The biggest purpose of this blog post is to help small businesses that have zero idea on how to navigate a communications or public relations strategy. Sure, you could hire a firm, but cash flow is king. You might prefer to try to do it yourself.
And you can.
It isn’t easy.
But it’s not rocket science.
This is your guide to 21st Century digital public relations with a focus on what will help those of you who own or manage small businesses.
The first thing you’ll want to do is to learn the media landscape of your community or city. Start liking, following, getting to know your local reporters. Be active on media sites so that stations and reporters know who you are. Establish yourself as being friendly to the grand media complex, and provide value when you can.
I can tell you from first-hand experience that name recognition and respect is your first step in capturing attention with media entities. That can backfire, too, especially if what you eventually submit to a newspaper or TV station isn’t regularly on point.
Your action items: Create a list of all your local TV stations, newspapers, influential blogs, etc. Go like them on Facebook, Instagram and Twitter. Be a regular commenter with quality takes or value-added information.
The second thing to do is to learn how to craft a press release. Many marketers will tell you that content marketing is king in 2018, and it’s definitely important — but your first and best opportunity to capture the attention of reporters, editors and producers is to know how to put together a killer press release.
What makes a great press release? I’d say the most important thing is to be sure that your press release isn’t merely a collection of words. It needs to have a quality hi-res photo and other multimedia, such as a link to video or b-roll that the newspaper or station can use. First, a high-quality photo captures the attention of newsroom folks who have to sift through hundreds of emails. Second, multimedia provides a station or paper with art they can use in their story. You’re doing them a solid, and it’s appreciated.
Ultimately, your press release has to communicate newsworthy information that goes beyond promoting your business. Aside from the grand opening or your restaurant or store, there aren’t many promotions that are strictly one-way that will truly capture the interest of folks in the Fourth Estate.
Don’t take it from me. Heed the advice of one of the most respected folks in the industry, Serena Erlich. I got to know her during my time in corporate communications with Love’s Travel Stops & Country Stores. She always has top-notch advice, and she’s a staunch defender of the press release, as am I. If you’re going to “be a media company,” you have to know how to capture the attention of newsies.
There’s no better way than to master the basics of a 21st Century press release.
Your action items: If you don’t have the cash to spend on a quality public relations firm with pros who have their APR, then learn the basics of writing a press release. Brush up on your photography skills, and learn how to create and edit video. I’ll put together a blog on the basics of writing a press release soon. However, there are also a ton of resources out there.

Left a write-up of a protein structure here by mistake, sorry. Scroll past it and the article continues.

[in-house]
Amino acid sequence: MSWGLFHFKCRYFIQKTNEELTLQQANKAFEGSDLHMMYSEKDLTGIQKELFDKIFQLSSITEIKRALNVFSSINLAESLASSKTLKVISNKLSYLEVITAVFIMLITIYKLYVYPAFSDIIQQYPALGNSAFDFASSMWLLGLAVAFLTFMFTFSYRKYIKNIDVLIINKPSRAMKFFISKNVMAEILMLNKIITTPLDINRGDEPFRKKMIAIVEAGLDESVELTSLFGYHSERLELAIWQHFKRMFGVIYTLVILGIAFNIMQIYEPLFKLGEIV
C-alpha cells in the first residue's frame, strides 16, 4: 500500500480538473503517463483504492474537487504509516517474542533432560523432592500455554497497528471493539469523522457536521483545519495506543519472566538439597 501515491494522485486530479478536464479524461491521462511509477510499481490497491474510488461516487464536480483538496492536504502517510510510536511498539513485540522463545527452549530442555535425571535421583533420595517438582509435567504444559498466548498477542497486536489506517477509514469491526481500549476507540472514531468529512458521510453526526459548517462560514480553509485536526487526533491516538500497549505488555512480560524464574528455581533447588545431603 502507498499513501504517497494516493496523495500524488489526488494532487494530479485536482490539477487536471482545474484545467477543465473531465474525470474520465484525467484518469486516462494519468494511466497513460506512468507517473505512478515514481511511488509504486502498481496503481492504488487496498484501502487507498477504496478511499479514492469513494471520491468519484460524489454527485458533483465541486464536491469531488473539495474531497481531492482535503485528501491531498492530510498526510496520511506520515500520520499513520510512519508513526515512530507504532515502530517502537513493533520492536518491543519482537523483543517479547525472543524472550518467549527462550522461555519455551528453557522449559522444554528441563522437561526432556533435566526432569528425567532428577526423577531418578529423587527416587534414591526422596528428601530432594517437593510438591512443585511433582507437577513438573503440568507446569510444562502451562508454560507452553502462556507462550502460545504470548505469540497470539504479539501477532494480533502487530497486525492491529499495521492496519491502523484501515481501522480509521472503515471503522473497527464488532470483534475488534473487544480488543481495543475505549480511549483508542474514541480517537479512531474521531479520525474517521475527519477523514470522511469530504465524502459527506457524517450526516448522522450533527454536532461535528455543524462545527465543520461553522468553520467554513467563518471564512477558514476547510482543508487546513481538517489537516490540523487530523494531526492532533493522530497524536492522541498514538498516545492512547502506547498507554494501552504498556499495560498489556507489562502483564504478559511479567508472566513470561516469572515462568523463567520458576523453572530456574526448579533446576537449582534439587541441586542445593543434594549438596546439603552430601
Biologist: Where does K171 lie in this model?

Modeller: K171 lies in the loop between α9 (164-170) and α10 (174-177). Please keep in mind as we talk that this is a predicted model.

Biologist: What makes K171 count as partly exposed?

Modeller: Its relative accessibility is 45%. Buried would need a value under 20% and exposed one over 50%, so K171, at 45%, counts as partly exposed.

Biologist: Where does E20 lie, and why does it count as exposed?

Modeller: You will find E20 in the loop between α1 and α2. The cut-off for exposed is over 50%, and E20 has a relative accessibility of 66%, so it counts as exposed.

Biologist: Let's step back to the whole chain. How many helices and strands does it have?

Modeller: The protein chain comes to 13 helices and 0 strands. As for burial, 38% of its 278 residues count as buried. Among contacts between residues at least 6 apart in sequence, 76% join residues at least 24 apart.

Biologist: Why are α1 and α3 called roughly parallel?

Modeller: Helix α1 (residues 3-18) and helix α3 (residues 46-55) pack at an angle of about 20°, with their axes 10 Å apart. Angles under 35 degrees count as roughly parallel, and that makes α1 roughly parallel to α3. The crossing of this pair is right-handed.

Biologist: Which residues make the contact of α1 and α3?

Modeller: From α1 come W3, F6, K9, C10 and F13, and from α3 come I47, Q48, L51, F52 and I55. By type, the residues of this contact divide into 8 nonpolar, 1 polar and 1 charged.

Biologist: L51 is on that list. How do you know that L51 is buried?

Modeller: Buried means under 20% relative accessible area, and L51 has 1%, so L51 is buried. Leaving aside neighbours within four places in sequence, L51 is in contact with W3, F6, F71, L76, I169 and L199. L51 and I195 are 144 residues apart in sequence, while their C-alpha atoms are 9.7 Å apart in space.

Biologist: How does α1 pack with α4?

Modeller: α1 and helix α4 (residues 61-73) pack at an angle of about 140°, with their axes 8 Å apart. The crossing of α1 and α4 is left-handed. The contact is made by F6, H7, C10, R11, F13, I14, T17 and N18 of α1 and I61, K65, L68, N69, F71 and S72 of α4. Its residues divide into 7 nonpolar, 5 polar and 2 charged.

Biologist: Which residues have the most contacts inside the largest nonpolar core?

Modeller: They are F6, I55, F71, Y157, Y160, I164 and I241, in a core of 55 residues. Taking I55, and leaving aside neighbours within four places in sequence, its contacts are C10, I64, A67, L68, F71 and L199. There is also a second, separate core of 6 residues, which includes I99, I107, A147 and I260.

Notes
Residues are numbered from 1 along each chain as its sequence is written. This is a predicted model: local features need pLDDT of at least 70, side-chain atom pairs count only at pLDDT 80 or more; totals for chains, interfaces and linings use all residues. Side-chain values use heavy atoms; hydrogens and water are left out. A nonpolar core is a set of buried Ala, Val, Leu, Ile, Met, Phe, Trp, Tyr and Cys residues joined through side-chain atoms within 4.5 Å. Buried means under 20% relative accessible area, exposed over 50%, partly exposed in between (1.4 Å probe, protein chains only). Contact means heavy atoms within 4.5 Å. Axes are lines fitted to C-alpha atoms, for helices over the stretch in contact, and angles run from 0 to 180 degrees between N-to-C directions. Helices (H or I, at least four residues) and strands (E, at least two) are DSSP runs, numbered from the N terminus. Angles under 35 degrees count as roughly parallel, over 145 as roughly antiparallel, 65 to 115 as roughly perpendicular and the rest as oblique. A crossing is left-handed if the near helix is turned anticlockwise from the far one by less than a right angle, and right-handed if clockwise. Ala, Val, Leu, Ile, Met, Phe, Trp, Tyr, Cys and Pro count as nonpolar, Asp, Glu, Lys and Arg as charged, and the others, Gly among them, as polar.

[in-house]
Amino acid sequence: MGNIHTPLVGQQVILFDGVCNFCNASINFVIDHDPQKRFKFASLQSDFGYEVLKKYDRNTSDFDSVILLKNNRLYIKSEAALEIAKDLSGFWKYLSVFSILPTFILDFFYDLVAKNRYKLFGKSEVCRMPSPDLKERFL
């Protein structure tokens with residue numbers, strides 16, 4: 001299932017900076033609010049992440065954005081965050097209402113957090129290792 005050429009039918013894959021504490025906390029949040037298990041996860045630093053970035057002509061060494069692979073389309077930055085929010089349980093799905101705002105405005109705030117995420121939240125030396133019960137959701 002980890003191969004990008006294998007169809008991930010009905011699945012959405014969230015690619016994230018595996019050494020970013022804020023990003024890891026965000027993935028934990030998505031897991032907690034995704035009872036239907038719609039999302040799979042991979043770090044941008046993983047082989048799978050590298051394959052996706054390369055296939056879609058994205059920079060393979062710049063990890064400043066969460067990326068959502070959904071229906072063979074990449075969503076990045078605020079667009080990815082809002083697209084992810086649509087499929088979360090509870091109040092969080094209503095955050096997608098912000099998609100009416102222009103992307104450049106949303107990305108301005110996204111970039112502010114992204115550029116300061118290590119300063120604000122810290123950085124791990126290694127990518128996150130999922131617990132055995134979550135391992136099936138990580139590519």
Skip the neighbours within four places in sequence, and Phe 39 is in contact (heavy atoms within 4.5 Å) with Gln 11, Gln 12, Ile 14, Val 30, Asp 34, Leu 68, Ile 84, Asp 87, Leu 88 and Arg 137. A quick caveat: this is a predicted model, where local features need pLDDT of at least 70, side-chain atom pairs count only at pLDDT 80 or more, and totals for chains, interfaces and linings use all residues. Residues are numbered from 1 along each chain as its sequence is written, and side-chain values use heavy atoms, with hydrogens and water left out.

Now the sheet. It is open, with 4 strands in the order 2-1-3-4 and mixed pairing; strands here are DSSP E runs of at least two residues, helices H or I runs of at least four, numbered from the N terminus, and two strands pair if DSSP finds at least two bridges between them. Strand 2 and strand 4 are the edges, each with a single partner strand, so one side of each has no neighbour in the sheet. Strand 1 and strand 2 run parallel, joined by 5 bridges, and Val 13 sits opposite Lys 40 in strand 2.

The third thing to do is to not depend on the press to amplify your message. Let’s say you create that press release, and you get no traction. You need to know how to amplify it yourself through social media, social advertising and content marketing.
That doesn’t mean posting your press release to Facebook and expecting magic to happen. That means crafting some verbiage in concert with an appealing image or images or video and styling it to work with Facebook and Instagram. Twitter is nice with its 300M users, but if it’s me, you’d be focused on Facebook and Instagram with a combined 2.8B users.
Your action items: After you send that press release to your media list, re-create that same message in the form of social posts, blogs, you name it and amplify using organic and paid mechanisms. Spread the word yourself.
Those are the three basics of 21st Century digital public relations. However, I’d add this: Any given story or event or promotion has a life cycle unto itself. There is pre-promotion. There is the event. There is post-mortem. Creating a press release and sending it to your media peeps with a little bit of amplification on your own ahead of the event and then calling it a day is a recipe for disappointment. You need to master the press release, but you can’t stop there.
Ideally, you’re seeking the help of media to cover your business. However, you’re prepared to do it yourself — and you start well before and end well after, making your piece of news feel less like a one-time thing and more like an event that demanded attention throughout because it was so compelling.
Again, I’ll take this manifesto of sorts and break it down over the coming weeks. But if you’re a small business owner or manager who intends on doing this yourself, this post gives you a sense of the scope of everything you’re about to undertake.
Paolo Negri, link here: